It’s now Thursday, September 29; Bob and Connie arrived last Saturday and we have been having such a good time that I haven’t posted a blog since. Guess I’d better do some catching up.
On Sunday, Sept. 25th, the four of us made an early start in order to get to Orvieto for our cooking class with Chef Lorenzo Polegri at his restaurant, Zeppelin. We allowed for plenty of time since we had no real idea how long it would take us to get there, find a place to park and then find the restaurant. As it turned out, we allowed for a bit too much time as there was almost no traffic and Bob and Connie knew exactly where we should park and exactly where the restaurant was. We had a couple of anxious moments as our 9 a.m. starting time approached and there was no sign of life at the restaurant. We shouldn’t have worried; the doors opened and the chef appeared right on time.
Introductions with Lorenzo and his partner Kim followed and we were quickly on our way planning the day’s menu, donning aprons, and beginning to work. The restaurant is not usually open on Sundays but they had booked a big tour group (33 people from Liguria) for lunch so our cooking class added an extra element of craziness to an already busy kitchen. In 2012, Claire and I had taken a class from Lorenzo and had thoroughly enjoyed it; this class proved to be equally delightful, educational, and delicious.
Our menu contained three breads: Pizzette, grissini, and lumachelle fritte. Therefore, making a basic bread dough was the first thing needing to be done to give it time to proof. Bob and Connie got straight onto that project.
Our pasta was going to be gnocchi. That meant that potatoes had to be boiled in anticipation of making the gnocchi dough.
Biscotti were to be part of our dessert; so, a dough for that had to be prepared. As I was in the midst of pulling that dough together, Lorenzo decided to add some Alkemes to the dough. Alkemes is a local liqueur flavored with various spices and colored a bright red. Once the liqueur was added to the dough, it looked like I was kneading some large organ . . . And I don’t mean the kind that makes music.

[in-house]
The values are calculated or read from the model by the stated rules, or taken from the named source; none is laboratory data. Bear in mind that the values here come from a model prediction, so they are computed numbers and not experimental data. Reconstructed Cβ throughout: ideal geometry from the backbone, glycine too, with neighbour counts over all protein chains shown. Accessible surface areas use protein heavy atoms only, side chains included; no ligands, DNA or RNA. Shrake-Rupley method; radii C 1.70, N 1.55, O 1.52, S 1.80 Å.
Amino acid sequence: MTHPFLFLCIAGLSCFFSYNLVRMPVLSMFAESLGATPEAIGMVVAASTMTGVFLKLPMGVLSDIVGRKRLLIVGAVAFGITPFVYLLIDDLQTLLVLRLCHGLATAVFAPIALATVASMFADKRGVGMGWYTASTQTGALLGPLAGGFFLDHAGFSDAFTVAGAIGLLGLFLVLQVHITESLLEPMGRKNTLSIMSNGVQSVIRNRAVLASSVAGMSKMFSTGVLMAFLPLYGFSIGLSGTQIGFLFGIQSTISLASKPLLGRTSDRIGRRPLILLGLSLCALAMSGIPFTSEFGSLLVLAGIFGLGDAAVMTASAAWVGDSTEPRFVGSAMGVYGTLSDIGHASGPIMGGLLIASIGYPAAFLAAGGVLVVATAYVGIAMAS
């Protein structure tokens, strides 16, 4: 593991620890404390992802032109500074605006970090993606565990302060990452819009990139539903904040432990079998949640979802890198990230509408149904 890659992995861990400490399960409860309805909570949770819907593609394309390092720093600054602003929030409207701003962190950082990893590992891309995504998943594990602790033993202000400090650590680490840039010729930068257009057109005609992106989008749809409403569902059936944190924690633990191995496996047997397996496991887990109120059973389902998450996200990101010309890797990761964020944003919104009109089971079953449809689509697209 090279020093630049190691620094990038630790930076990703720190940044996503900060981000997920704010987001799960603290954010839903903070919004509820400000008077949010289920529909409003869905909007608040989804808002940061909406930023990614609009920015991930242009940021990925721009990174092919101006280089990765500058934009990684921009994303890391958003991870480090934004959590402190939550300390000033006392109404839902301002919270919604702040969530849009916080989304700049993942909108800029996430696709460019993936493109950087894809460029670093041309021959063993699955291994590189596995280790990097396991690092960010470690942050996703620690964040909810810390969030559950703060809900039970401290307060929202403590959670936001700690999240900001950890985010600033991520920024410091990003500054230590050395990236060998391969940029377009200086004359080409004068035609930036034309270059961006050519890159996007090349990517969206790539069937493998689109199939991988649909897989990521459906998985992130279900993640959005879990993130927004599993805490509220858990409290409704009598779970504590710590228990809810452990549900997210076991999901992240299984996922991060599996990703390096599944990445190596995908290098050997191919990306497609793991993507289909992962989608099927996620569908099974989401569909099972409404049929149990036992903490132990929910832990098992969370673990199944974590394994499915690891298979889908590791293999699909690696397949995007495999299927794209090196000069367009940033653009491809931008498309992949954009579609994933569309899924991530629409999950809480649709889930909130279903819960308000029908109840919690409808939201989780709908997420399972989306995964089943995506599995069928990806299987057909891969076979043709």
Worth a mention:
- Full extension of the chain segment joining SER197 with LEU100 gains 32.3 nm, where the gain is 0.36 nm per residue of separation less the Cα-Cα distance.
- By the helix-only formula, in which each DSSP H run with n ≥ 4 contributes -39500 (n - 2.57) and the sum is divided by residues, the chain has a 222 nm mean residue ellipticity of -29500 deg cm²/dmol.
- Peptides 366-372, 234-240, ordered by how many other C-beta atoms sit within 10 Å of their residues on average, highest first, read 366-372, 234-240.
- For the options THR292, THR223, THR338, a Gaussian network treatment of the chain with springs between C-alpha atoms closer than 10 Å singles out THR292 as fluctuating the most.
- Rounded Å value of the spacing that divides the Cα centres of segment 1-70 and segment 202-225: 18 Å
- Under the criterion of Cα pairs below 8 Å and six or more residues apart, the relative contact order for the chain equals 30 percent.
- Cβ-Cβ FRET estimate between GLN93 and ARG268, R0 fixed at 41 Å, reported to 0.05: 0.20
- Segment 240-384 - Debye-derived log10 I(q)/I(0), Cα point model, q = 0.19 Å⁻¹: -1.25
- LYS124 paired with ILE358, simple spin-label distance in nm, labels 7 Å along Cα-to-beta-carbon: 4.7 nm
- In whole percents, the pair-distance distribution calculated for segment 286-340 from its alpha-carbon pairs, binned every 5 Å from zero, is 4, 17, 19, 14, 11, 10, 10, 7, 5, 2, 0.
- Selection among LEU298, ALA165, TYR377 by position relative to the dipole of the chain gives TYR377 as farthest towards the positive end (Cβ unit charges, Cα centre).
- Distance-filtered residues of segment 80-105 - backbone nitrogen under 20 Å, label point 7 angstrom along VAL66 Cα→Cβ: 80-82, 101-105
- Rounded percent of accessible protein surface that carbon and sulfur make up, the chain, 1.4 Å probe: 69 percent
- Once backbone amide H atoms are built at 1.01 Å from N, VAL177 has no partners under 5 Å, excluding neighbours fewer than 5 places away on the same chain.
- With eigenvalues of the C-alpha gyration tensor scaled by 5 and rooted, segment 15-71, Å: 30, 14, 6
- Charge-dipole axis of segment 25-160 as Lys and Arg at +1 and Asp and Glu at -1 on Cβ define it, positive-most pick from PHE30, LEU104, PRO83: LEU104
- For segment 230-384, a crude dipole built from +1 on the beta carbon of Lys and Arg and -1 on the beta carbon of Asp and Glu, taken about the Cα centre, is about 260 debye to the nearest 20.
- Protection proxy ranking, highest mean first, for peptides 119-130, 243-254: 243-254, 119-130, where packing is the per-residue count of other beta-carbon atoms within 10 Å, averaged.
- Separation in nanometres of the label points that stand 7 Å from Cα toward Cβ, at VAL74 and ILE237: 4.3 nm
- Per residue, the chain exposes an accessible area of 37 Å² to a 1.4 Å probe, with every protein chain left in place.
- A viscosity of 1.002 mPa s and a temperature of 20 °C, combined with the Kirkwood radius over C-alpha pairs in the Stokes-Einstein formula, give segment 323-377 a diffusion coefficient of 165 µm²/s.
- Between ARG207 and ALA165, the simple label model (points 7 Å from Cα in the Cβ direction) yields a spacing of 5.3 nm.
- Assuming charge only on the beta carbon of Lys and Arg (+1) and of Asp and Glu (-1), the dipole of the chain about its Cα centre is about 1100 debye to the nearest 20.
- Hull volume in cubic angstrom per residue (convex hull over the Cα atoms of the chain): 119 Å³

Balsamic gelato was also on the menu and Michael got to whisk that together.
We were busy: Shaping little snail (lumachelle) shapes for our fried breads, rolling out pizzette, grissini and biscotti, slicing peppers, cheese, eggplant and once-baked biscotti, dicing chanterelles, red hot peppers and cheese, sieving potatoes, making bechamel and yellow pepper sauces, forming gnocchi, frying lumachelle and eggplant slices, cooking sausage, topping pizzette, layering eggplant parmesan, and periodically tasting bits and pieces of ingredients, drinking cappuccini, and sipping wine. And, of course, trying to stay out of the way of the four chefs/cooks who were using the same kitchen to prepare the 1:30 lunch for the tour group. Lorenzo and Kim are delightful and we had a fabulous, hands-on cooking experience.
Shortly before 1 p.m., we were released from our cooking duties and went to our table in the restaurant where we were served the fruits of our morning’s labor. Our little fried snail breads with their pieces of pecorino cheese and hot peppers had been topped with a swirl of a creamy ricotta/mascarpone blend and a gently candied orange rind, which addition was a perfect foil to the heat from the peppers. The beautiful, tender gnocchi had been boiled and mixed with our vibrant yellow pepper sauce and topped with crumbled sausage and cheese. The eggplant parmesan was so velvety due to the “twist” in the recipe that it fairly dissolved on one’s tongue. And the balsamic gelato was almost unrecognizable in its presentation of whipped cream, Alkemes drizzle and bright pink biscotti garnish . . . Although, if truth be told after the three bottles of wine we* drank with our lunch, I was having trouble recognizing Michael.
*”We” did not include Michael, our designated driver.